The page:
Striking a Balance: A Strategy to Encourage Community Corrections in Canada. (CT Feature)
Daubney, David, Corrections Today
Author's Note: The views expressed in this article are those of the author and not necessarily those of the Department of Justice of Canada.
In the mid-1990s, Canadian criminal justice policy-makers found themselves at a crossroads regarding the direction that sentencing and corrections policy should take. The late 1980s and early 1990s had witnessed a sharp growth in offender populations in Canada. According to a 1996 Ministry of Solicitor General report, between fiscal years (April 1-March 31) 1989-1990 and 1993-1994, the federal inmate population (those serving sentences of two years or more) had increased 21.5 percent, with an annual rate of growth of 8 percent in fiscal year 1993-1994. Canada's long-term average growth rate had been 2.5 percent per year. At those rates, predictions called for an increase in the federal inmate population of nearly 50 percent by 2004.
Provincial correctional institutions (housing offenders sentenced to up to two years) experienced average case-load increases of more than 10 percent between April 1990 and March 1995, according to Correctional Service Canada (CSC). In Western Canada, an extremely high proportion of provincial inmates and youths in custody were Aboriginal Canadians, including more than 70 percent in Saskatchewan. While forming only 2.8 percent of the general population, Aboriginal offenders comprised nearly 16 percent of federal penitentiary inmates. While the Canadian population as a whole was aging, Aboriginals were experiencing a high birth rate and forecasts called for this "baby boom" to increase the Aboriginal incarceration rate even more -- already a shocking 785 per 100,000.
In large part due to the disproportionate Aboriginal prison rates, Canada was incarcerating greater numbers of people per capita than most other developed countries. Comparative statistics placed Canada's number of inmates per 100,000 total population at 130, significantly higher than Western democracies, except the United States.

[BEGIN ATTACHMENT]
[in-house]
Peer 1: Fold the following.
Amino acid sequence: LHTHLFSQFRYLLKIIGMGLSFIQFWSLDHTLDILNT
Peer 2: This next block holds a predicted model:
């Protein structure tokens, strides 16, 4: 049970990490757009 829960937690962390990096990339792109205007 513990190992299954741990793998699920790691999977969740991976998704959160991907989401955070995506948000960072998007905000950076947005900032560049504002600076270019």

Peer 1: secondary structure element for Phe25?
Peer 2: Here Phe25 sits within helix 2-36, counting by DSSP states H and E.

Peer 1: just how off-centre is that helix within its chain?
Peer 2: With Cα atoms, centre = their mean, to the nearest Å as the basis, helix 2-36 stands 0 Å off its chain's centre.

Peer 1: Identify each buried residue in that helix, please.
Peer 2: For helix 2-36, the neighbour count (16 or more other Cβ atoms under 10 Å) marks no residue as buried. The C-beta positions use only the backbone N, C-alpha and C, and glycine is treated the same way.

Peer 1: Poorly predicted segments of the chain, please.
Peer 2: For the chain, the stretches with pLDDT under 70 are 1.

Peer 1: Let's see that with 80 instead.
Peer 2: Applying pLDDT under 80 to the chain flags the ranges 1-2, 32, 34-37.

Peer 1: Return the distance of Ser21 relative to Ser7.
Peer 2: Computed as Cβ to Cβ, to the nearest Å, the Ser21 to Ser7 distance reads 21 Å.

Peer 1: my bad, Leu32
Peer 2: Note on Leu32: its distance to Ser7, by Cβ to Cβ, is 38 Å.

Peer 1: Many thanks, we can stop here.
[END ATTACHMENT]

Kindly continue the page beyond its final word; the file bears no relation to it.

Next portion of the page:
In 1995, CSC was double-bunking 25 percent of its inmates; 4,200 offenders were doubled-bunked that year compared to 1985, when there was no double-bunking. Predictions called for 5,000 additional beds by 2004, which would translate, even on a shared accommodation basis, to five to 10 new institutions.
Developing a Strategy
These forecasts caught the attention of the minister of finance who, in his 1995 budget, called on the solicitor general and the minister of justice, in consultation with their provincial counterparts, "to develop ... a strategy for containing the rate of growth of the inmate population and the associated corrections costs."
Ministers responsible for justice faced a choice: Shift toward a "crime control and punishment" policy or clearly articulate a strategy combining crime prevention, tough treatment of serious crime and greater use of community sanctions for low-risk offenders. They opted for the latter approach.
The 1995 speech by the governor general from the throne, opening the second session of the 35th Parliament of Canada, pledged that the government's criminal justice policy would deal sternly with high-risk, violent offenders, and at the same time, "develop alternatives to incarceration for low-risk offenders."
This called for a strategy that was comprehensive, focused and understood by the public. The government knew that encouraging public support of a more comprehensive, balanced approach to sentencing and corrections would be challenging given 1995 surveys showing that Canadians:
* underestimated sentencing severity;
* overestimated the amount of violent crime, which was about 10 percent;
* overestimated parole grant rates; and
* overestimated offender recidivism.
Although crime had been falling for several years, 77 percent of survey respondents that year believed it was increasing, with only 3 percent believing it was decreasing. …